By Neophytos Loizides
The UN secretary-general’s statement in Berlin on Monday confirmed that there is no alternative to political equality in a reunited Cyprus. Although effective participation has been the cornerstone of the Cyprus peace talks for decades, the fact this issue is now being clarified at this level is a positive development.
Political equality could be achieved through multiple routes while the main options appear to be the following:
- Rotating presidency with cross-voting. This is still possible given some earlier convergences but so far difficult to agree in its final form. Earlier convergences seem logical but unusual in terms of international precedents. Although incentivised, there is no guarantee that cross-voting will lead to election of moderate candidates. Even when this formula leads to moderates being elected, deadlocks might emerge in one of the two parliaments. The main advantage is that presidents will be expected to serve uninterrupted long terms but this might also prove counter-productive if unresolvable disagreements emerge between the two.
- Parliamentary arrangements are common in various European power-sharing models (e.g. Belgium, Switzerland). In its simplest form, a government will need the consent of a minimum (e.g. a quarter) of MPs from each community (e.g. in the Senate). Parliamentary democracies could achieve political equality using very simple rules. Parties will need to agree on a single rule that is minimum consent for the election of prime ministers and their cabinets as well as the passage of laws. There is no much need for further provisions as the minimum consent implies effective participation guaranteed ad hoc through a coalition partners agreement. The disadvantage of such parliamentary systems is that coalitions might collapse more easily (e.g. compared to presidencies). But there is also an advantage in getting rid of ineffective leaders at the right time and before causing irrevocable damage to the peace process.
- A semi-presidential system could combine elements of parliamentary democracy with the option for co-presidents to step in to resolve potential deadlocks at all levels (e.g. once parliament fails to produce a coalition). All EU countries (except Cyprus) are either parliamentary or semi-presidential systems. The main disadvantage of semi-presidentialism as demonstrated recently in some Eastern European cases (e.g. Ukraine) is the confusion between the authorities of presidents vs. the prime-minister that could be avoided by simply restricting the authority of presidents to arbitration. Such a system could be more functional, if it includes a triple lock approach that allows co-presidents to make decisions, if cabinet formation fails. If presidents also fail, then courts could arbitrate.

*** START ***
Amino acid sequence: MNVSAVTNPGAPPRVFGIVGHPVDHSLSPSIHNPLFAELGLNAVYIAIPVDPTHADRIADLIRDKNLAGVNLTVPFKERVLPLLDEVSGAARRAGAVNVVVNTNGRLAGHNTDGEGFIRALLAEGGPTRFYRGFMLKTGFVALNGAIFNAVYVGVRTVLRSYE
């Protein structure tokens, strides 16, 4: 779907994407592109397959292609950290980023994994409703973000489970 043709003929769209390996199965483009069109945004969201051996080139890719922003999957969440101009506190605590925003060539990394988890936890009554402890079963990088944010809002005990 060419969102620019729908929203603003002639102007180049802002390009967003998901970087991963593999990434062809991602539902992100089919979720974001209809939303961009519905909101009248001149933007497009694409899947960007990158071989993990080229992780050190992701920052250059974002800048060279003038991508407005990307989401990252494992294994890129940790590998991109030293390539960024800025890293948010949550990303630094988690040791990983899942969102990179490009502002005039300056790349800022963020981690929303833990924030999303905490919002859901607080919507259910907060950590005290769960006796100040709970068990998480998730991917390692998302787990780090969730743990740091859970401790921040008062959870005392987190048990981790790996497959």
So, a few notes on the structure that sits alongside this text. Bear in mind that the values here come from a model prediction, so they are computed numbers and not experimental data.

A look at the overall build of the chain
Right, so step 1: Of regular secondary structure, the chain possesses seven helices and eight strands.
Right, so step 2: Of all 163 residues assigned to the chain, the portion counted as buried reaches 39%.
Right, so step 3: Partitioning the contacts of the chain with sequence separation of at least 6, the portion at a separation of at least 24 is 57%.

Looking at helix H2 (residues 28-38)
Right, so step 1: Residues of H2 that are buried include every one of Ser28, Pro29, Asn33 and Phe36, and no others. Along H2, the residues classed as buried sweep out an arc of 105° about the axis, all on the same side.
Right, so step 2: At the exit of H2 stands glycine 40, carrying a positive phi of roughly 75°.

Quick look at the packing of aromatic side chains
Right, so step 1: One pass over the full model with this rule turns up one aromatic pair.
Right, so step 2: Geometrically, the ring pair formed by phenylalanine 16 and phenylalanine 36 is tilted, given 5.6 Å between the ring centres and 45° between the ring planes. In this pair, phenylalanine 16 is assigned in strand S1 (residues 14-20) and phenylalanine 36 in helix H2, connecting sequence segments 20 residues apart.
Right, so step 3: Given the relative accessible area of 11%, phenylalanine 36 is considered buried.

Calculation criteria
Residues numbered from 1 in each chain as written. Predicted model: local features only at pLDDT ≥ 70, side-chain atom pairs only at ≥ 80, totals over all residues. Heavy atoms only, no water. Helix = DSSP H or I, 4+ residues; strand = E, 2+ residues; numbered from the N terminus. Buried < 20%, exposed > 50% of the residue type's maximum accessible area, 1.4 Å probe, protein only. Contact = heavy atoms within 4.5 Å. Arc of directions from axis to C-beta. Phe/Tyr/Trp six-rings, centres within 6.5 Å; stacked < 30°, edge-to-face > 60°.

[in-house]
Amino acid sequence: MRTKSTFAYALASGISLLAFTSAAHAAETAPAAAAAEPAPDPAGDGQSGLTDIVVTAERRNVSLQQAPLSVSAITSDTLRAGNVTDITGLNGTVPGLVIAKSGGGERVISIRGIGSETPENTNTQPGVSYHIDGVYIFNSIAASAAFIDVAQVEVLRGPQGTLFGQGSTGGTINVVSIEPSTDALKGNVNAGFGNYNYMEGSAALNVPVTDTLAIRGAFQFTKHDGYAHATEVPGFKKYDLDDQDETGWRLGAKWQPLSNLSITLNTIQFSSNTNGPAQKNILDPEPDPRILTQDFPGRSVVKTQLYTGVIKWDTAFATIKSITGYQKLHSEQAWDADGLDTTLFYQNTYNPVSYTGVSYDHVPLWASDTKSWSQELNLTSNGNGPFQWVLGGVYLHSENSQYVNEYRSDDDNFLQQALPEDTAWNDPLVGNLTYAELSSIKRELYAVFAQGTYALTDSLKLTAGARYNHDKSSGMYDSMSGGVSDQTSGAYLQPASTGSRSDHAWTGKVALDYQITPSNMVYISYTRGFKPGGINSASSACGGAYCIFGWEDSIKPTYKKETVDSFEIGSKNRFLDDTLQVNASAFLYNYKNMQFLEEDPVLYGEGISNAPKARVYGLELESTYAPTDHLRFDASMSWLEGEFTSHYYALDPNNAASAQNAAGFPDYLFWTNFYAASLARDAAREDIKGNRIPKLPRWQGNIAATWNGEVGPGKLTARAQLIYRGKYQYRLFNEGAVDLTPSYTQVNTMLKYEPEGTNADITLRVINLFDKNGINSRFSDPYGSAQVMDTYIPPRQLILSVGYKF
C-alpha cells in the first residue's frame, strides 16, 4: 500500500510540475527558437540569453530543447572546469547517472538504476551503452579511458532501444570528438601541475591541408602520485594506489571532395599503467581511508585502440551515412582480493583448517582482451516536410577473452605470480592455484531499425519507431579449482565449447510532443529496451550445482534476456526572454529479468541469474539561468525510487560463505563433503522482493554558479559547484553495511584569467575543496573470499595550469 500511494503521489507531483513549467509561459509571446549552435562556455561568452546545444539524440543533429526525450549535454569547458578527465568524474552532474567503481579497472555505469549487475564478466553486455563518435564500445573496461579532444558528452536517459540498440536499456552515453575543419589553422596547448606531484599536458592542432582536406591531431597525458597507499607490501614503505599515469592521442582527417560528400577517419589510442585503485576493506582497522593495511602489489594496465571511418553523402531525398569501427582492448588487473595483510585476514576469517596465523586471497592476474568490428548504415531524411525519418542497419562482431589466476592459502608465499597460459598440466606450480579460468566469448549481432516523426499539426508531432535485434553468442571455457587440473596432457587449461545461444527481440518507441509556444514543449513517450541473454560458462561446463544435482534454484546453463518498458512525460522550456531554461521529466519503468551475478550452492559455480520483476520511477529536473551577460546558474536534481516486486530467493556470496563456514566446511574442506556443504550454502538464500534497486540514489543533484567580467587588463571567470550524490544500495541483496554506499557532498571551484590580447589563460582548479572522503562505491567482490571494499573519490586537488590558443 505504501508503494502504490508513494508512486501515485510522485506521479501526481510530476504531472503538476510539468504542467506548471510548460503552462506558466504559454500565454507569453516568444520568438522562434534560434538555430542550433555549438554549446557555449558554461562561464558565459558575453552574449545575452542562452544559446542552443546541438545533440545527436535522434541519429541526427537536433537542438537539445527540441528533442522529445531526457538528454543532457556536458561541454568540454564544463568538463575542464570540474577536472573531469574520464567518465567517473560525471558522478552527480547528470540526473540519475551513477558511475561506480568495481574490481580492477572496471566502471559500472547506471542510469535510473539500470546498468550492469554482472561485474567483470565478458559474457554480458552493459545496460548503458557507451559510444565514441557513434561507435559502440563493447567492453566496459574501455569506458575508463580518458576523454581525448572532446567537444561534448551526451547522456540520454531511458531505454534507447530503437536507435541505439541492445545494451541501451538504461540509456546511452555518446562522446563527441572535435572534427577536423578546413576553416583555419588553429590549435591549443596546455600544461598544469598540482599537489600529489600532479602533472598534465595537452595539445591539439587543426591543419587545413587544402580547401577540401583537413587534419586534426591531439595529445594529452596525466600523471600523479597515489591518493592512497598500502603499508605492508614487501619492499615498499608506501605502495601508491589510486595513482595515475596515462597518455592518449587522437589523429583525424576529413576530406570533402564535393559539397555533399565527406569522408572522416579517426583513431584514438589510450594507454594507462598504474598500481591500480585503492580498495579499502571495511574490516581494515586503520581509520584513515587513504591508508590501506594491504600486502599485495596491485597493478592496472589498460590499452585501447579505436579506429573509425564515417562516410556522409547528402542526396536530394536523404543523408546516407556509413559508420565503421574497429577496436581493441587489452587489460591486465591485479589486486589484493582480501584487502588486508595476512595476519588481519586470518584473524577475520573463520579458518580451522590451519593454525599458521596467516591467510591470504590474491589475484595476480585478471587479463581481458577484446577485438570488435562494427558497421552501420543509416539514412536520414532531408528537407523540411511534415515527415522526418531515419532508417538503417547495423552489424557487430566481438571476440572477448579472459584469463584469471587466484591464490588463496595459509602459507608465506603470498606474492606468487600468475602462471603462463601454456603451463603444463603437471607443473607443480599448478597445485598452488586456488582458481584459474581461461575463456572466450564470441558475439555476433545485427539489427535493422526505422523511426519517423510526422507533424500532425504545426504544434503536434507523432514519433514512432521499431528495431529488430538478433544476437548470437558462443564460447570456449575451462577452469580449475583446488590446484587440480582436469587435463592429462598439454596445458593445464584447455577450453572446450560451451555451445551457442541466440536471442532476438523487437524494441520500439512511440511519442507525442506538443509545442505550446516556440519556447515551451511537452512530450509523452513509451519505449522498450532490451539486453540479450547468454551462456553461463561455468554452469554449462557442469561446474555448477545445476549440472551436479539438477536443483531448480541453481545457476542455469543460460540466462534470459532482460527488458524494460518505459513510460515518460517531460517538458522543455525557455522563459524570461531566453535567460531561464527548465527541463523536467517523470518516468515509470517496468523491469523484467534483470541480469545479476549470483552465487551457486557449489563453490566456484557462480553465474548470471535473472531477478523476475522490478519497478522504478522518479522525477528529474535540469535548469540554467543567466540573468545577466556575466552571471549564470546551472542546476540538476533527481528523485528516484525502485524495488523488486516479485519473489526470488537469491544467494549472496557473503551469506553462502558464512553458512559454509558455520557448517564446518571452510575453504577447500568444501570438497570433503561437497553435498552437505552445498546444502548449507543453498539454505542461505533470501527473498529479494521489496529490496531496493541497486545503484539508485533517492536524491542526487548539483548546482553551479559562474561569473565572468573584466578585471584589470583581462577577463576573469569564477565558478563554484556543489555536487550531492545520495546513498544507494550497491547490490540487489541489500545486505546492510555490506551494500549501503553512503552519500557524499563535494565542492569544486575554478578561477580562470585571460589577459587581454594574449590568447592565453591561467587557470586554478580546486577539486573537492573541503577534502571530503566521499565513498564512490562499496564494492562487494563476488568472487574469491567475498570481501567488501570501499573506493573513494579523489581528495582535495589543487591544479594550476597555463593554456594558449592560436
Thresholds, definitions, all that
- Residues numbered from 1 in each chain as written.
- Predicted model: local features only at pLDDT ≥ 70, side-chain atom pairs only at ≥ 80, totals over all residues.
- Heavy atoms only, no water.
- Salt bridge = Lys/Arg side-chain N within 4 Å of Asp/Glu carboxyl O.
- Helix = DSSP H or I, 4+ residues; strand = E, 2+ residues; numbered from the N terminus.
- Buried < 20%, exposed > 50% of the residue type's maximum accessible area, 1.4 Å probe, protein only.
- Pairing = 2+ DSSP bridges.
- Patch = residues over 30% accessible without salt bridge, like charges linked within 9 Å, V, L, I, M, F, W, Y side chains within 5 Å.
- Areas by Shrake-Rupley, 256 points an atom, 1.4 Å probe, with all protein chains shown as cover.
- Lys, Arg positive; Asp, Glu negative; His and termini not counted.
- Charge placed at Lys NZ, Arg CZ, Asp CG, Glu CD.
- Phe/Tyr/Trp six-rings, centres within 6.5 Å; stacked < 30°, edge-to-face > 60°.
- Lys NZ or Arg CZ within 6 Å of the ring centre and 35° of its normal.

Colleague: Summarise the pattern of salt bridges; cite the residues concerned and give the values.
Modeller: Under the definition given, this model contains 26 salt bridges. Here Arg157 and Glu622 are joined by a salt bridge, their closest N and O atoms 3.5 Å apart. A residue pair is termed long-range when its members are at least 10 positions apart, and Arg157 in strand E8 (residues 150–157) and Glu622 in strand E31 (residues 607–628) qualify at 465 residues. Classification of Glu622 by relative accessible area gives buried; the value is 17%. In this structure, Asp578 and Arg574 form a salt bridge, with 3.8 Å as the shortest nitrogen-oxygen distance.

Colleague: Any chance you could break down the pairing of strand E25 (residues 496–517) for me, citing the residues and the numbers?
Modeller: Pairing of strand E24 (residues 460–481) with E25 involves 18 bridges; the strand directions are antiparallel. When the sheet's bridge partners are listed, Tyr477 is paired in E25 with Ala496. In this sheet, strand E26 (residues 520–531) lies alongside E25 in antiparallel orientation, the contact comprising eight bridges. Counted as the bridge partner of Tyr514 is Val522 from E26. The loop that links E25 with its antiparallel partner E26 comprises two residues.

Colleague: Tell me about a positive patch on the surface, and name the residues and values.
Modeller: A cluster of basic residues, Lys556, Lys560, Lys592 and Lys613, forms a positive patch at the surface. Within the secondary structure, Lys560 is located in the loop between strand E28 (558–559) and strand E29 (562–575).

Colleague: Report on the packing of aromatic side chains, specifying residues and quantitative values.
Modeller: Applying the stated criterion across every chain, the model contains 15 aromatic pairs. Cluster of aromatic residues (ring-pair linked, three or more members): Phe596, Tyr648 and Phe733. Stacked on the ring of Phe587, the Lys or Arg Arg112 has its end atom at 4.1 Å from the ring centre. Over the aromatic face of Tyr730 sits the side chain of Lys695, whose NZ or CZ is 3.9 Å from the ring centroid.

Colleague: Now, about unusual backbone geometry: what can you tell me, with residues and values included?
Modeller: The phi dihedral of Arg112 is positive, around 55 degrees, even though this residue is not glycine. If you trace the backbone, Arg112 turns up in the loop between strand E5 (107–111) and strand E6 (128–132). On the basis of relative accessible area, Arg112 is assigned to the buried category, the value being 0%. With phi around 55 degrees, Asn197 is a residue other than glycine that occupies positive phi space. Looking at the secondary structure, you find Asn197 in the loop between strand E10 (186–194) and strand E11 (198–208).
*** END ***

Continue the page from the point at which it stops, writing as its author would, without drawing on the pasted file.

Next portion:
In all three options above, there is an additional safety net through judicial intervention. The supreme court could be involved in decision making as the last resort therefore there is a dilemma as to how judges will be selected and whether membership should be community-based only or enriched by internationally respected non-Cypriot legal experts for quicker and more balanced decisions.
There is a further distinction. All options, could rely on community (ethnic) quotas or assume a more liberal form of consociationalism. This is a spectrum but such liberal coalitions are more likely in parliamentary systems where coalitions are made among parties/regions and no fixed posts are pre-defined on the basis of ethnicity exclusively. International courts (e.g. ECHR) have often taken decisions against extreme forms of ethnic quotas (e.g. for the Bosnian presidency) but have tolerated some that appear reasonable. Liberal consociationalism could make the settlement more attractive to referendum voters and if carefully designed, could balance the insecurities of the two sides without violating the principles of political equality.
There is a broader (realist) interpretation of the Guterres package/Berlin statement that needs to be taken into consideration in rethinking political equality options. Perhaps, Turkey has now realised that it is not in its long-term interests to keep occupying EU territory. Guterres effectively trades military presence for political equality and importantly for Turkey, this trade-off implies a safety net via Turkish Cypriots against unfavourable future EU decisions. Within the EU and federal Cyprus, Turkish Cypriots will be perfectly capable of balancing Cypriot interests and EU-Turkish relations. This is the broader picture of the peace settlement and political equality whereas EU and Turkey come closer to each other while Cypriots regain a reunited island.
Neophytos Loizides is a professor in International Conflict Analysis at the University of Kent